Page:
Denver sourdough, starter, sponge, dough, baked loaf


Starter that has been fed a few times over days in irregular increments. Its last cycle peaked in activity then fell back.


The bulk of the starter is poured off into a bowl to begin a new sponge for a new loaf of bread. A scant 1/4 cup or so reserved to be fed again for the next sponge to become the next loaf.





The machine holds most of the starter, the levain, to make a new sponge to ferment by adding enough water and flour to form a loaf.


The starter is fed again, refreshed with new water and flour, and set aside to double.



Flour and water is added to the machine to mix the new starter in, to work the wet sponge into stringy gluten molecules as much as it can. Mostly whole wheat will require extra kneading. The gluten is there, but so are the shredded pulverized powdered husks.





The difference between crumbly texture and sticky smooth texture. This is about as stringy as whole wheat sponge gets. Not very stringy. 






The new sponge set aside for the next loaf. It will rise in the bowl with its sourdough starter. It must ferment for a few days.





Black beans processed to thick black bean polenta to provide fast food for old sponge that is already fermented for a few, three, days. The sponge is fermented, started out cold from being inside the refrigerator.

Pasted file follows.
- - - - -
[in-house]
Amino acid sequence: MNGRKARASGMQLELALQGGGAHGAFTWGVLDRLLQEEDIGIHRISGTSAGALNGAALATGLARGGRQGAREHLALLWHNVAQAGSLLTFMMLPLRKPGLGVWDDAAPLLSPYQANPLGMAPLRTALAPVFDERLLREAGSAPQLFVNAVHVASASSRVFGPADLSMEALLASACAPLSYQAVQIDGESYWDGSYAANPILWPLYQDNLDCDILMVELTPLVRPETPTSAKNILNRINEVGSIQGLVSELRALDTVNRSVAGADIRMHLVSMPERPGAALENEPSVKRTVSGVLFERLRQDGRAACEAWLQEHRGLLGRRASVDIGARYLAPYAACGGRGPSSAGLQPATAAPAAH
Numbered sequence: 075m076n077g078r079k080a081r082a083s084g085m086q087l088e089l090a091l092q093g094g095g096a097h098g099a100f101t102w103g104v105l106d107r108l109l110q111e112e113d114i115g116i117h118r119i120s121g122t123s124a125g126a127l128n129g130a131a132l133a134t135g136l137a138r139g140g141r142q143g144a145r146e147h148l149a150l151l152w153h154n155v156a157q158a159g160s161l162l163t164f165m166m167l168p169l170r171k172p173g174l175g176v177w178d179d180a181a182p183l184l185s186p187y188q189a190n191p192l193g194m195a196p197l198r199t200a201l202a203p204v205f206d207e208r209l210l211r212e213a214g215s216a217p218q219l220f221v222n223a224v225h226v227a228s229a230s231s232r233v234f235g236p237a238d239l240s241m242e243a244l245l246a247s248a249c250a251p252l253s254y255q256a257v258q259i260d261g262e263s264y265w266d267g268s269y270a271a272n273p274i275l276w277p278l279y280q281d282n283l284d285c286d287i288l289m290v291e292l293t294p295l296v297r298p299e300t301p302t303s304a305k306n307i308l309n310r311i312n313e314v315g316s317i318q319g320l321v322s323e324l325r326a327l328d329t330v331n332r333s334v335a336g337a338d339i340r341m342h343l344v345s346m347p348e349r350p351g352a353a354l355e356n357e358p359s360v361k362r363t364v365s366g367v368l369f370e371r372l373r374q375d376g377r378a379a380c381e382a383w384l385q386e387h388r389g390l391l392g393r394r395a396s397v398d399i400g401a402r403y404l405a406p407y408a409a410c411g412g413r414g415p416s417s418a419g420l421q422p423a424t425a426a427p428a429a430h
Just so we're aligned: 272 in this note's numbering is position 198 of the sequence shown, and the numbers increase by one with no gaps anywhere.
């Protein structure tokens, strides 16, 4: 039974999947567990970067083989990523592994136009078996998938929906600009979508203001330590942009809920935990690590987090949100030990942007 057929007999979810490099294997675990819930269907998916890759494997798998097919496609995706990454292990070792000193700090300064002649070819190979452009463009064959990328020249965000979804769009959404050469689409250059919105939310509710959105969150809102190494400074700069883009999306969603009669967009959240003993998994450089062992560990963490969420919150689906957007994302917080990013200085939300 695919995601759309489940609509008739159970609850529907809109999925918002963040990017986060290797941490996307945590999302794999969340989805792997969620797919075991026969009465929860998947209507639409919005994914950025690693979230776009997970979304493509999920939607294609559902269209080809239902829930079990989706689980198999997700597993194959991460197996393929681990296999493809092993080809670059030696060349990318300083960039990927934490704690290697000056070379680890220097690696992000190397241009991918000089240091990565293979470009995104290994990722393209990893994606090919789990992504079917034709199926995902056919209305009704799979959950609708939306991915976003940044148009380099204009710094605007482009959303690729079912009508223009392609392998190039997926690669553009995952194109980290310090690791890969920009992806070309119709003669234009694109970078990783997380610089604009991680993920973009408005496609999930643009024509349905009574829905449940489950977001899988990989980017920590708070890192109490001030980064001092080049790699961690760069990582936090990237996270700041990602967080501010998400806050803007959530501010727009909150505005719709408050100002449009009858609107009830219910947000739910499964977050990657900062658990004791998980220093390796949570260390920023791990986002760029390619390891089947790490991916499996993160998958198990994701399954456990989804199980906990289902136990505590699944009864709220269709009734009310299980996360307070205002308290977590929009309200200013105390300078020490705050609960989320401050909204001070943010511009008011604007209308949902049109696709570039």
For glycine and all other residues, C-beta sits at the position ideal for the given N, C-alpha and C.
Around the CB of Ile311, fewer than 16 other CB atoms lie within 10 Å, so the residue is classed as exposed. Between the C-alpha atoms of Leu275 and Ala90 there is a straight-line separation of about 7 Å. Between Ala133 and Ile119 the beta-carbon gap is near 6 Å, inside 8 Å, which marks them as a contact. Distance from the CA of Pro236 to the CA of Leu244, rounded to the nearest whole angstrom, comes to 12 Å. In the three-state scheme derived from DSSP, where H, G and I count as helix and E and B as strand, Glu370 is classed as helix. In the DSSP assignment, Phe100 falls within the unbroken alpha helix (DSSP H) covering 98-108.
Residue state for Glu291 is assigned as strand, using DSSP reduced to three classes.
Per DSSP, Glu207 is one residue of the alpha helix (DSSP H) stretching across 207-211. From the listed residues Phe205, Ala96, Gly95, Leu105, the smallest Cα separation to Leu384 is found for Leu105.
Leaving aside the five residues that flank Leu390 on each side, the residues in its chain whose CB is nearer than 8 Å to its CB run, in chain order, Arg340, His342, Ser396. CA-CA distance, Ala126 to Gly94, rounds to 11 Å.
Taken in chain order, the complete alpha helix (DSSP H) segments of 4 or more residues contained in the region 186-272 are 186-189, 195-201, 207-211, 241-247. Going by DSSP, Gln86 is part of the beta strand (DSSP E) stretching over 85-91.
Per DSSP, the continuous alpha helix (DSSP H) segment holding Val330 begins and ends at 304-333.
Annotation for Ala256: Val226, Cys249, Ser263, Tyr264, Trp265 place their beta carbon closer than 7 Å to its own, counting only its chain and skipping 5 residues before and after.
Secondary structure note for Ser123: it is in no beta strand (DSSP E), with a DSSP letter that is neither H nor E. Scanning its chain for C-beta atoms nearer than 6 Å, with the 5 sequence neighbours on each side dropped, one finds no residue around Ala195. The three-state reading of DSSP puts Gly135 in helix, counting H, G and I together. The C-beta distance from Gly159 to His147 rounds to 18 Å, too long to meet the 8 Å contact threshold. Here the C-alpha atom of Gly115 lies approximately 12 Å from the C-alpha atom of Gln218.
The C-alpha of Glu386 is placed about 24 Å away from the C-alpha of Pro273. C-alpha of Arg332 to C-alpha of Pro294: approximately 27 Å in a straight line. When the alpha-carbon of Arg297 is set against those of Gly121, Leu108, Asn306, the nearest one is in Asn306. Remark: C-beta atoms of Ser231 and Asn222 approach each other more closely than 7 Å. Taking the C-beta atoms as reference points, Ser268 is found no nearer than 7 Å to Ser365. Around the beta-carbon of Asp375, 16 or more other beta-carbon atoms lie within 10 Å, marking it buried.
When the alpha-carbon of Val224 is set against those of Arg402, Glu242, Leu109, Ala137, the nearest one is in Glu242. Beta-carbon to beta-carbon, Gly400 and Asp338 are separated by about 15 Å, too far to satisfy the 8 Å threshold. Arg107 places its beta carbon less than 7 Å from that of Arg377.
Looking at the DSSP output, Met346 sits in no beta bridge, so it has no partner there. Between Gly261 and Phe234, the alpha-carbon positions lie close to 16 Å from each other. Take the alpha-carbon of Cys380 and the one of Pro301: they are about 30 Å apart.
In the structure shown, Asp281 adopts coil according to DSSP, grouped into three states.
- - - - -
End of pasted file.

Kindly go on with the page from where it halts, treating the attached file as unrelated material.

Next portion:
It could have been baked right in its pan. It already rose in the shape of a loaf as far as it could. It would not achieve much oven-rise because it was already stretched to its maximum.






Black bean paste applied in layers along with salt. The layering repeated. The dough continuously stretched and folded. Eventually a new loaf is formed with black bean paste and salt worked in between layers, much the same way as butter is worked between pastry layers.


During the period of a few hours that the black bean bread dough proofed in its tin, the new sponge also proofed inside its bowl. The refreshed starter proofed also inside its jar. 

The starter  is fed again to keep it going, and the new sponge in its bowl is refrigerated to slow its proof and allow a period a few days to ferment for the next loaf. 

The new dough in its pan is baked into a new loaf. 

So, three loaves of bread are represented in the next photos below, the starter in the jar for two loaves from now, the sponge in a bowl for the next loaf a few days from now after it ferments, and the new loaf ready to be baked right now.









This time of year I go straight to the pile of ugliest and most irregular tomatoes I see. WF had a big pile of them, most of them too soft.  Olive oil. Basil, what have you. I left off herbs this time. The whole time I was thinking, man, this could really use some lox and cream cheese. This type of bread seems perfect for that.




I have been living on meals like this for the past few months. Tomatoes are in season and I do not become tired of them. I look forward to my simple meals of tomato on sourdough bread. The tomatoes are different each time. The bread is different each time. The accompaniments vary each time. In a way, the meals of tomato on bread resemble cold pizza. They are satisfying, filling, and delicious. 

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